This two-part question is among the most frequently asked, the most difficult to answer and most emotionally loaded for investors and advised clients: “How much do I need for a comfortable retirement, and how do I get there?”
The reason the question can be so challenging is the number of variables involved: What’s a comfortable retirement? When will I retire? College, travel, work. Wrong answers outnumber right ones.
“How much is needed to retire is like asking how much is needed to eat out, or how much is needed to purchase a house, or purchase a car,” Mark Wilson, president of Mile Wealth in Irvine, California, wrote in an email.
A recent survey from Bloomberg had an answer, landing on $3 million to $5 million, based on certain assumptions about age, income and lifestyle. The survey queried 533 investors worldwide.
According to Jennifer Weber, of Weber Asset in Lake Success, New York, that $3 million to $5 million may not be too far off.
The rule of thumb, she said, is to assume withdrawing 4% from your investment accounts during retirement. “If you need $200,000 per year to cover living expenses, you will need $5 million in retirement,” she wrote in an email.
To get there, Weber recommends a mix of stocks and bonds: “ETFs are a great way to have the proper allocation based on your goals, risk tolerance and time horizon. These ETFs can consist of a mix of U.S. stocks, international stocks and bonds.”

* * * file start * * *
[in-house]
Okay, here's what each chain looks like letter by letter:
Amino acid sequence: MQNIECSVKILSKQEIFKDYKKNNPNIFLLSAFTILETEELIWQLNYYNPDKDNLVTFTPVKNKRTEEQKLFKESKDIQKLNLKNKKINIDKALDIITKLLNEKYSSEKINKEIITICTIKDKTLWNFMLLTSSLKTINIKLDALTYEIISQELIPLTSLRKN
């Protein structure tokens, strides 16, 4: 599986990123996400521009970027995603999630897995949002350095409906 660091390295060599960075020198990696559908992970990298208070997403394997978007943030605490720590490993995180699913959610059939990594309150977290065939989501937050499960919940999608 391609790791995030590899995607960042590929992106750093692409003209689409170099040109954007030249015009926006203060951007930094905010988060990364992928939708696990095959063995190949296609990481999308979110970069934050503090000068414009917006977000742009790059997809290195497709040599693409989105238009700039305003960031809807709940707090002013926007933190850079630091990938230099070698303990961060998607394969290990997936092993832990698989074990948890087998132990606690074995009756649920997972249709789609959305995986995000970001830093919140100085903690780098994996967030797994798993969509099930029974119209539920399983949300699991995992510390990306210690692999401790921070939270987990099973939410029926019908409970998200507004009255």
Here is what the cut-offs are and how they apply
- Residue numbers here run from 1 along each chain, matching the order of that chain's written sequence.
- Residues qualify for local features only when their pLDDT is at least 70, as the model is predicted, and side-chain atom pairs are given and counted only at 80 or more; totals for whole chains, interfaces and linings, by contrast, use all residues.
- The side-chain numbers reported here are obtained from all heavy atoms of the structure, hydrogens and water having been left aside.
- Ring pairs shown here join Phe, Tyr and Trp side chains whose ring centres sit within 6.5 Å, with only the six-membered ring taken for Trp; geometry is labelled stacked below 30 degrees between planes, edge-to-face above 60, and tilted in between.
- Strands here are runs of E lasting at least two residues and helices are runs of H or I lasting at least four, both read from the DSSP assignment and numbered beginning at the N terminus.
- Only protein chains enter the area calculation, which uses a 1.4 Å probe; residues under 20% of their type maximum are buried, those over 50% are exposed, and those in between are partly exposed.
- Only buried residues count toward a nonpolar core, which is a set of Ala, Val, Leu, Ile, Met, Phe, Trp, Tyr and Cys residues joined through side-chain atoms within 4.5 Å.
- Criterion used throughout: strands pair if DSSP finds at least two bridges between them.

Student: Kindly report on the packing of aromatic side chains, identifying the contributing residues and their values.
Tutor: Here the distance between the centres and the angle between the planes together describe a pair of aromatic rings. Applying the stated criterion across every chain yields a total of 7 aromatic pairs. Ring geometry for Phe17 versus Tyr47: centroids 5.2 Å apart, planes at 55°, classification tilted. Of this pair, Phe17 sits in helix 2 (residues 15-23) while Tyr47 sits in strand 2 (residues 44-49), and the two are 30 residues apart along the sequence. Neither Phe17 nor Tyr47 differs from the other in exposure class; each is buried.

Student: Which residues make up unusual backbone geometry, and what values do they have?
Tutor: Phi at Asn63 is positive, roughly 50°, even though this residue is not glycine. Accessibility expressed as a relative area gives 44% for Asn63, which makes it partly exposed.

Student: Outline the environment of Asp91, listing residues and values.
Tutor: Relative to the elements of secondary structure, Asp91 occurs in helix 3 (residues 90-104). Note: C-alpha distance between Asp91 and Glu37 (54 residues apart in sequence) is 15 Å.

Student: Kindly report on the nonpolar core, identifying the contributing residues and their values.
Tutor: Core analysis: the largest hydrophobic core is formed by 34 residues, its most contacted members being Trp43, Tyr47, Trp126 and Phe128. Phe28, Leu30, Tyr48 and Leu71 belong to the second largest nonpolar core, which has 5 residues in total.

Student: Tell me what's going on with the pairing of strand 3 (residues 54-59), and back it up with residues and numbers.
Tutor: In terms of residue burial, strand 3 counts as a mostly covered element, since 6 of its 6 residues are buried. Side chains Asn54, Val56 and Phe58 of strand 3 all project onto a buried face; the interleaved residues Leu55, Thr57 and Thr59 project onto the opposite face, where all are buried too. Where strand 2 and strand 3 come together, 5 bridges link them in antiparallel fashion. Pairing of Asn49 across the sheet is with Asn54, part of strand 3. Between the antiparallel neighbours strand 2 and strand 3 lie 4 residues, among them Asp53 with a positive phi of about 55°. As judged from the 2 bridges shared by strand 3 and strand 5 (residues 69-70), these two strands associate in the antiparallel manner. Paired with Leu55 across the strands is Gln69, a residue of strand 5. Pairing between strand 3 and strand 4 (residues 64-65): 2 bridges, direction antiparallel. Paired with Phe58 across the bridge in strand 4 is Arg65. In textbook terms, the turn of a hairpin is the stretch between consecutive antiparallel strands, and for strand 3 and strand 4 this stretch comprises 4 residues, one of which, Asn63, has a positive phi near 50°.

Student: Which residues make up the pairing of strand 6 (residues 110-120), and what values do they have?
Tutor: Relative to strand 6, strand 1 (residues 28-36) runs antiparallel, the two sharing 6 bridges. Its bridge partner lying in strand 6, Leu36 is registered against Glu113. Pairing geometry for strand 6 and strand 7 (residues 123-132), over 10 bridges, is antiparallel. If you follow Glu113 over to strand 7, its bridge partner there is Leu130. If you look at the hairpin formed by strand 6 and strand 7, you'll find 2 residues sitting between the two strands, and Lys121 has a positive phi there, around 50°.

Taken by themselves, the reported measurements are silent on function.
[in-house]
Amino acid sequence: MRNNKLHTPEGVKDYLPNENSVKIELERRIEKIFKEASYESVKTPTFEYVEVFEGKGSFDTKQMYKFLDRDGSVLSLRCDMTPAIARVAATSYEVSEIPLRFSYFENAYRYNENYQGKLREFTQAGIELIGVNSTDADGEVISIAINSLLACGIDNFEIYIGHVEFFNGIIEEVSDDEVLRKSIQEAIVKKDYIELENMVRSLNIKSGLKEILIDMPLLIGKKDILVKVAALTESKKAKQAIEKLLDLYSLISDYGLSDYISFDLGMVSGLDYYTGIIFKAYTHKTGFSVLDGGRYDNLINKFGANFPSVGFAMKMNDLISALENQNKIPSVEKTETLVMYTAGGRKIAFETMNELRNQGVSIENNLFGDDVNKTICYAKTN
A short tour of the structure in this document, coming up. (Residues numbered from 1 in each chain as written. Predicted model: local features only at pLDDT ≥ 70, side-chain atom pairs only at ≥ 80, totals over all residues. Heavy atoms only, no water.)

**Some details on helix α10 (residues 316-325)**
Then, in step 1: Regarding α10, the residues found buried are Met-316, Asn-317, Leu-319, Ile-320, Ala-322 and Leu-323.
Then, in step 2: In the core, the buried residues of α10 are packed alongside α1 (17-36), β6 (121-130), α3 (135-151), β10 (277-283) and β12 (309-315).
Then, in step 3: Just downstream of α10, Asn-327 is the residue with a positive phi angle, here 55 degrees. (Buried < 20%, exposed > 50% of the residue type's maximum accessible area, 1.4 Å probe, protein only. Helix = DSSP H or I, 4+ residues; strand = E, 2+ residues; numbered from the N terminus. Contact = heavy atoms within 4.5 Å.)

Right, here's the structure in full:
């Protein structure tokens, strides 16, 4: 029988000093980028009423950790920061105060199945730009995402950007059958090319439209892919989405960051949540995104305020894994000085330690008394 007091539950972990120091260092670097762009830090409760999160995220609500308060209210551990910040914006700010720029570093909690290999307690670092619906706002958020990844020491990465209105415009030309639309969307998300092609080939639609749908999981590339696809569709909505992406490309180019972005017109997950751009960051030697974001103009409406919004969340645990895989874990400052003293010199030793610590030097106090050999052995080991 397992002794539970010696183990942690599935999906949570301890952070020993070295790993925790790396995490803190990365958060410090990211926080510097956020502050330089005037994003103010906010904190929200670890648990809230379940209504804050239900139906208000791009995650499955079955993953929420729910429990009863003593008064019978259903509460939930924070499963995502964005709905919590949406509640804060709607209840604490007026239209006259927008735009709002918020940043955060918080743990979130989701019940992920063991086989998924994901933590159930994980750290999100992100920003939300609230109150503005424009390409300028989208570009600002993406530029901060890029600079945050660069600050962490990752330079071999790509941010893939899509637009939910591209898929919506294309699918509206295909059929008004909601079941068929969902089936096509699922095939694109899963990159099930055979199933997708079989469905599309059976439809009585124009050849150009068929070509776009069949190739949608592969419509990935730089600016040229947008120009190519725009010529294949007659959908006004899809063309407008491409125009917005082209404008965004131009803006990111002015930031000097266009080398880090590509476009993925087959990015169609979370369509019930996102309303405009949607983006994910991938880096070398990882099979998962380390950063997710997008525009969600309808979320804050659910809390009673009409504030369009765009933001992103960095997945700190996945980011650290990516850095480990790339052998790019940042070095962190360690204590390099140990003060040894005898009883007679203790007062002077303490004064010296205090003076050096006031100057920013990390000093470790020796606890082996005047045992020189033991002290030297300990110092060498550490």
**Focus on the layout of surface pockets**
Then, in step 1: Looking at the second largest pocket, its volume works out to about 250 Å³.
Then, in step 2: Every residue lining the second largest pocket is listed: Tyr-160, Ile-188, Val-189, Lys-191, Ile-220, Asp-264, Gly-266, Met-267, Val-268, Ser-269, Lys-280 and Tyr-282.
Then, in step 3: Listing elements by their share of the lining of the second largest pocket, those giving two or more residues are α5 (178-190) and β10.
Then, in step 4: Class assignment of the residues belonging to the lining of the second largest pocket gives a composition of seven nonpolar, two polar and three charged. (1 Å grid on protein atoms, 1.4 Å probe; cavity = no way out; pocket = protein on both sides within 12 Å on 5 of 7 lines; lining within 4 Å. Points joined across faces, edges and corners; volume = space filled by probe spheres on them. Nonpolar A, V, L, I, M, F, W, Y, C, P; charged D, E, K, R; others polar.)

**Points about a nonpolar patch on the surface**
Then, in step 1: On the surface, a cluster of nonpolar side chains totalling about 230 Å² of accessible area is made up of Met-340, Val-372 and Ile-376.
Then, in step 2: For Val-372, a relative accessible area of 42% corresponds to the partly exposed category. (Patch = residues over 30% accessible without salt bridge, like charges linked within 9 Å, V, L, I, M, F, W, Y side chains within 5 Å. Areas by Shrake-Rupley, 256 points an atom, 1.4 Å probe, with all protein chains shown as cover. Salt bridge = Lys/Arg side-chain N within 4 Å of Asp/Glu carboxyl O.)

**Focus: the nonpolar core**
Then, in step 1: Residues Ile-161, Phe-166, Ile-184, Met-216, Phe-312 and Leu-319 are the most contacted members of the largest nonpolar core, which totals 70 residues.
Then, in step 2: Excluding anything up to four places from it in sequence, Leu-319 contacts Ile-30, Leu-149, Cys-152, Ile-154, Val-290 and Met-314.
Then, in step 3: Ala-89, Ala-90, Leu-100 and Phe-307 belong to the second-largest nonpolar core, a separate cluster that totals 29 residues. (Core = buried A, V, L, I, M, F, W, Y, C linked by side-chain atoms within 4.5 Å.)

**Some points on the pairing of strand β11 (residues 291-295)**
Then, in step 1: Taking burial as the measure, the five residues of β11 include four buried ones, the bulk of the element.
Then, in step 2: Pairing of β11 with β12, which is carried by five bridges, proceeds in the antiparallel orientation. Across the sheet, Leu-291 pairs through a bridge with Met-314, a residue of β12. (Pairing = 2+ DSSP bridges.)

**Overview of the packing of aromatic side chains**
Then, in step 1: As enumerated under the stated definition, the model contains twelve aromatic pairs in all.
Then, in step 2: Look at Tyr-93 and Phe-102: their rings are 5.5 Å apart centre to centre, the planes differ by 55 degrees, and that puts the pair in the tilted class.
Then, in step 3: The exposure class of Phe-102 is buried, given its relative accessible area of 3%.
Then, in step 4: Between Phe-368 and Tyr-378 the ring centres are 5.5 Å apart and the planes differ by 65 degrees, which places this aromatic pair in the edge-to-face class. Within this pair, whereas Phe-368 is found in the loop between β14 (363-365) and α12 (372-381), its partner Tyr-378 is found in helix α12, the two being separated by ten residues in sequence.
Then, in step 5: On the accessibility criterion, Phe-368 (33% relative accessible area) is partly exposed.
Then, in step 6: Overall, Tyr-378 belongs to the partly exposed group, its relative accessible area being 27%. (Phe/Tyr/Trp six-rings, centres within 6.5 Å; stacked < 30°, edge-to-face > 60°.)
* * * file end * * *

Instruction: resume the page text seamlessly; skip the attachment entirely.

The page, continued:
While always complicated, decisions surrounding retirement savings were made even more difficult by the rapid changes in markets since the pandemic. The two preceding decades were comparatively easy, as investors were able to put money into stocks and ride the markets up and down.
Now, with low interest rates gone—replaced by the fastest rate gains in decades—stock and bond investing appears wildly unpredictable and retirement planning more difficult than ever.
However, ETFs also provide a low-cost option to diversify a portfolio, and offer both passive and actively managed strategies, she added. For Wilson, the size of a nest egg is just as important as investment options and that should be based on spending needs, future taxes and noninvestment income sources.
He suggests people save 20 to 25 times their “spending gap,” which he defined as the annual amount of spending not covered by income sources. ETFs, which “typically have lower costs and are tax efficient—these are both very helpful throughout the process,” he said.
Contact Ron Day at [email protected] or follow him on Twitter at @RonDayETF